There are 12 climatic/life zones in Costa Rica, meaning that you can go from an alpine cloud forest where the humidity is constant, to a dry grassland in a matter of minutes. Monteverde, which is a mile high, is the most famous of the cloud forests and consists of a patchwork of reserves from the Arenal Volcano to Santa Elena, a bohemian enclave with a view of the Pacific.
Such splendor in Monteverde can not be adequately described in words. It's the poster child for biodiversity: 400 bird, 100 mammal, 120 amphibians/reptile and 3,000 plant species occupy this region where the moisture of the Caribbean creeps over the Tilaran range then condenses on the forest canopy when it hits the hotter air of the Pacific. When I was touring the Reserva Biologica Bosque Nuboso (www.cct.or.cr), I saw two rare, resplendent Queztals, a tarantula, howler monkeys, hummingbirds and dozens of migrating songbirds. You felt enveloped by life, even though I was wearing four layers and my hands felt cold.
I love this chorus of life, but not because I'm an eco-spectator. I relish the questions we need to ask and a search for the answers. We need a new philosophy and economic science that somehow values these living systems so that we have a universal measure like a dollar or a Euro. I know that these entities are priceless. We may be able to document their genomes or even reproduce them through genetic science, but how do we re-insert them into a living system and make them working parts of the eco-sphere once they're gone? What ecologists say about the rainforest is true: There are thousands, maybe tens of thousands of species yet to be discovered and catalogued and we have no clue how they fit into the grand network of life. I'm certainly on board with the idea of preserving them for their own sake, but we need to make a much better argument to governments, policymakers, ranchers, farmers and developers that these species have bio-economic values.
On the last day of our visit, my family and I witnessed a heroic sunset over the Pacific from our bungalow. Monkeys screeched in the trees outside our window. Iguanas waltzed through the resturant next door. Even in our man-made environment -- an anthroscape -- we could see the vulnerability of the coastline going north. Much of the vegetation was gone. Someone was burning several acres. Was it for a ranch? A new condo building? A luxury home? Suppose there was a tax imposed on anyone destroying habitat or topsoil that would be channeled into buying land for the sake of protecting it? Or maybe the tax would be doubled if the home or commercial site diminished biodiversity, watershed quality, plant life volume or impacted climate change.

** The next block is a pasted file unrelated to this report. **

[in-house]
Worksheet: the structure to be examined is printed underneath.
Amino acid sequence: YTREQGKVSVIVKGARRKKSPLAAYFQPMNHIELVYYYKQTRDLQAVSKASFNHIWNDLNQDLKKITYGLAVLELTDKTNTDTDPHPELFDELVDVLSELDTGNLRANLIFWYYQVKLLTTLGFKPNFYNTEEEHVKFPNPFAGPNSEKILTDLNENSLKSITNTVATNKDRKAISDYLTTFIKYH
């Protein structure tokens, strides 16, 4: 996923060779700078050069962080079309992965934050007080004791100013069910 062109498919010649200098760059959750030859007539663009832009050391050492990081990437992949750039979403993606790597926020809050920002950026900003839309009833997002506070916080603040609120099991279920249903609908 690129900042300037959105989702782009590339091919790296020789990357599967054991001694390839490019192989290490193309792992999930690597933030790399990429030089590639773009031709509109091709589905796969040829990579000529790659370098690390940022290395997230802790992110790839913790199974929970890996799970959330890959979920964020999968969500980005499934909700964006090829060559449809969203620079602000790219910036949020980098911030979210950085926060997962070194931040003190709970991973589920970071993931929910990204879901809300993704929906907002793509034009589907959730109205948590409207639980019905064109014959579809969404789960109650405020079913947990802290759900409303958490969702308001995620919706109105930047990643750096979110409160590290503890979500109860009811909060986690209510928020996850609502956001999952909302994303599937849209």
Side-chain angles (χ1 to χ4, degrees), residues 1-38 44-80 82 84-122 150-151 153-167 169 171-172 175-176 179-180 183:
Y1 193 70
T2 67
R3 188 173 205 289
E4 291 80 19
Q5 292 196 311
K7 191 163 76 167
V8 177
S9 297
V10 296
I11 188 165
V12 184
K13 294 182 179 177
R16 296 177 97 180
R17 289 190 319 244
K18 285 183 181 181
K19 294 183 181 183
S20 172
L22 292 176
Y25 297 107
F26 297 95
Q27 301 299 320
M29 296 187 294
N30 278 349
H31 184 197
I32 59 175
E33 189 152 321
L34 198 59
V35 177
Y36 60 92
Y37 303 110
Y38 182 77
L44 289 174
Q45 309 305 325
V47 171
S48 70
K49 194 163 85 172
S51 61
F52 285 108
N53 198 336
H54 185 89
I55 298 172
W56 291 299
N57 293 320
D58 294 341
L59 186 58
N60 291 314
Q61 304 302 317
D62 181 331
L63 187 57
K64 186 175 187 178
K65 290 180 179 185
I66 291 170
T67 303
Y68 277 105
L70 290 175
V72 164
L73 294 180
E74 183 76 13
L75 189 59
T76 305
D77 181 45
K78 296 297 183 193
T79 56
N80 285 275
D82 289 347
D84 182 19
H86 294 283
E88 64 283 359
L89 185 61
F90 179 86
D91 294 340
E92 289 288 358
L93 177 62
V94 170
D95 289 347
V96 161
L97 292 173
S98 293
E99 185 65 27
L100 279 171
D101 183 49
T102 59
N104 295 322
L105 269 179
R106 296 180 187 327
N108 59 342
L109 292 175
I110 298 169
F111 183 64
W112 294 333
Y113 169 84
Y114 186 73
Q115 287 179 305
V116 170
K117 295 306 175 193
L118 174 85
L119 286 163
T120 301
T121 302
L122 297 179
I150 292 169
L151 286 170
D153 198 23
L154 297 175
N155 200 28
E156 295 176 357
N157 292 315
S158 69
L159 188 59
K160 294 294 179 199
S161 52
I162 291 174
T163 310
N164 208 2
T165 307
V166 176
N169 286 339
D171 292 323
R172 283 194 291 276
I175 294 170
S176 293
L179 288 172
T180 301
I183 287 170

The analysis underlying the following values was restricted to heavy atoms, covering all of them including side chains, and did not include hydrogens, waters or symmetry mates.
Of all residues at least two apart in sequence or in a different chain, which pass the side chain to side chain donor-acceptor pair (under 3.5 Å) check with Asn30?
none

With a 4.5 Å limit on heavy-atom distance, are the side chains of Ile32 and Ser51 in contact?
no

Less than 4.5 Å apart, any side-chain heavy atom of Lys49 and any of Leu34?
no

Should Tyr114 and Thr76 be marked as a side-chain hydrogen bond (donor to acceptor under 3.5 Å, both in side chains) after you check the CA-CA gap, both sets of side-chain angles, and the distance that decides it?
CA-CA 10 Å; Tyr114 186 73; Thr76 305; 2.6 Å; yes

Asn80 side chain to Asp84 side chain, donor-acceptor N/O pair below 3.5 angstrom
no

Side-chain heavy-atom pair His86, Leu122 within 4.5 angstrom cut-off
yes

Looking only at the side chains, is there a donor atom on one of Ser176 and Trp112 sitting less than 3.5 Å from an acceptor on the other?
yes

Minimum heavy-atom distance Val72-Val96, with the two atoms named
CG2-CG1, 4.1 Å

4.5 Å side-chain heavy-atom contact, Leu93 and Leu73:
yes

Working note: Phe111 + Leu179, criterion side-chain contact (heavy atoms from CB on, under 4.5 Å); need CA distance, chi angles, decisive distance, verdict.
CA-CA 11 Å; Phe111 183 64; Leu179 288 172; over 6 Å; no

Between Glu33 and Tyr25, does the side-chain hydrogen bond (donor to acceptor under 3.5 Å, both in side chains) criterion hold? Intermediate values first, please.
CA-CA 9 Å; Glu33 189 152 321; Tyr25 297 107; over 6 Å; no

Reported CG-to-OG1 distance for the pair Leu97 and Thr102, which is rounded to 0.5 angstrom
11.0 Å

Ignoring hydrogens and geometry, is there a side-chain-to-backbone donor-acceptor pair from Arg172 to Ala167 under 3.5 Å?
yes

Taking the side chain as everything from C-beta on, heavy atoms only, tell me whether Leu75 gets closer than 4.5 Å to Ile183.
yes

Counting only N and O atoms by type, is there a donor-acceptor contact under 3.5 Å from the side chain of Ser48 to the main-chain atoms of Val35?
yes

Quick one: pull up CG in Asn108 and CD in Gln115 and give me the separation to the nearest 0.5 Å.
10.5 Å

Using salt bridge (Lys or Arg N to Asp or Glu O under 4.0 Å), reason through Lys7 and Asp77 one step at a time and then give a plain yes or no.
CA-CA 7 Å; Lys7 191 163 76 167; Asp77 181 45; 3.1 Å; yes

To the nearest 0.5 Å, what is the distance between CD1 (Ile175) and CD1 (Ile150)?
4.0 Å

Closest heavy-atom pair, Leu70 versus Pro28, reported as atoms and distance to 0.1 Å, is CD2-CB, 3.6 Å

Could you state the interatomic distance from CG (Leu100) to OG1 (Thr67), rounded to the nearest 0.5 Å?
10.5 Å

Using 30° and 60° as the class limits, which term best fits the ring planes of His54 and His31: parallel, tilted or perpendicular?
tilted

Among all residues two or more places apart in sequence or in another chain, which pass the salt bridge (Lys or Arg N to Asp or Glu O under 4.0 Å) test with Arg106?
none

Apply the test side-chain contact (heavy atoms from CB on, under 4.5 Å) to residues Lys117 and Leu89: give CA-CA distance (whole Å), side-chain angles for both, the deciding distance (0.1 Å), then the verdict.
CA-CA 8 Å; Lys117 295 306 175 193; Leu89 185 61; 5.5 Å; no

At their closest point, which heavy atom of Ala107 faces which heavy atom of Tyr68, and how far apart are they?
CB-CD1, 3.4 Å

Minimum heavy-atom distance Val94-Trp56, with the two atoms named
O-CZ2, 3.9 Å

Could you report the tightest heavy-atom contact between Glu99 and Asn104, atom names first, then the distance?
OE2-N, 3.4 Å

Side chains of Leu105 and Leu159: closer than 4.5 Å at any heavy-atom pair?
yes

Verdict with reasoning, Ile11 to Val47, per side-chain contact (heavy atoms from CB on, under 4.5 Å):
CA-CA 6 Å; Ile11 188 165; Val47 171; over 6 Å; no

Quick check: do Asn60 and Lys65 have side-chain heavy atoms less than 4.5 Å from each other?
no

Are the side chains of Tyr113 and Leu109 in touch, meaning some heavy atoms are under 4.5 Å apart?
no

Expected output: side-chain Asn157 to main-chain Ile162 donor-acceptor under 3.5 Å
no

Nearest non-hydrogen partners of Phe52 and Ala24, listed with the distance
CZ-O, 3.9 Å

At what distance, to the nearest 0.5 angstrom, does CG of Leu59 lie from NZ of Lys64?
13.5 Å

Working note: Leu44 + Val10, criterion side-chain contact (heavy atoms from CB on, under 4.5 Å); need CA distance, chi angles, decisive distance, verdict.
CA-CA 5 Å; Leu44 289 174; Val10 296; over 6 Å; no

Okay, if you're in the real estate business, a little black light goes on in your head: If it costs too much to build, then nobody will and Third World countries will remain poor, jobs won't be created and tourists won't come. That's not true. Costa Rica is a case in point. The tiny country once grew bananas. A blight knocked out that industry and United Fruit left. Then they tried ranching. When the price of beef plummets that no longer makes sense, even though once the land is carved up for cattle it can't be fully restored.
Then the enlightened folks in San Jose seized on the big idea: Why not preserve their greatest assets (note the economic term) and see if anyone shows up. The results have been spectacular. Eco-Tourism is their top business, bringing in more than 1.6 million visitors a year. Those tourists spend money, hire drivers, tour guides and other service professionals, then tell other First-World folks what a terrific place Costa Rica is.
So here we stand. The rainforest can be profitable. It is an asset. It can provide return on investment. I know this sounds coarse, but this is the language we need to use. It may make the difference between preserving our planet -- or watching it be devoured.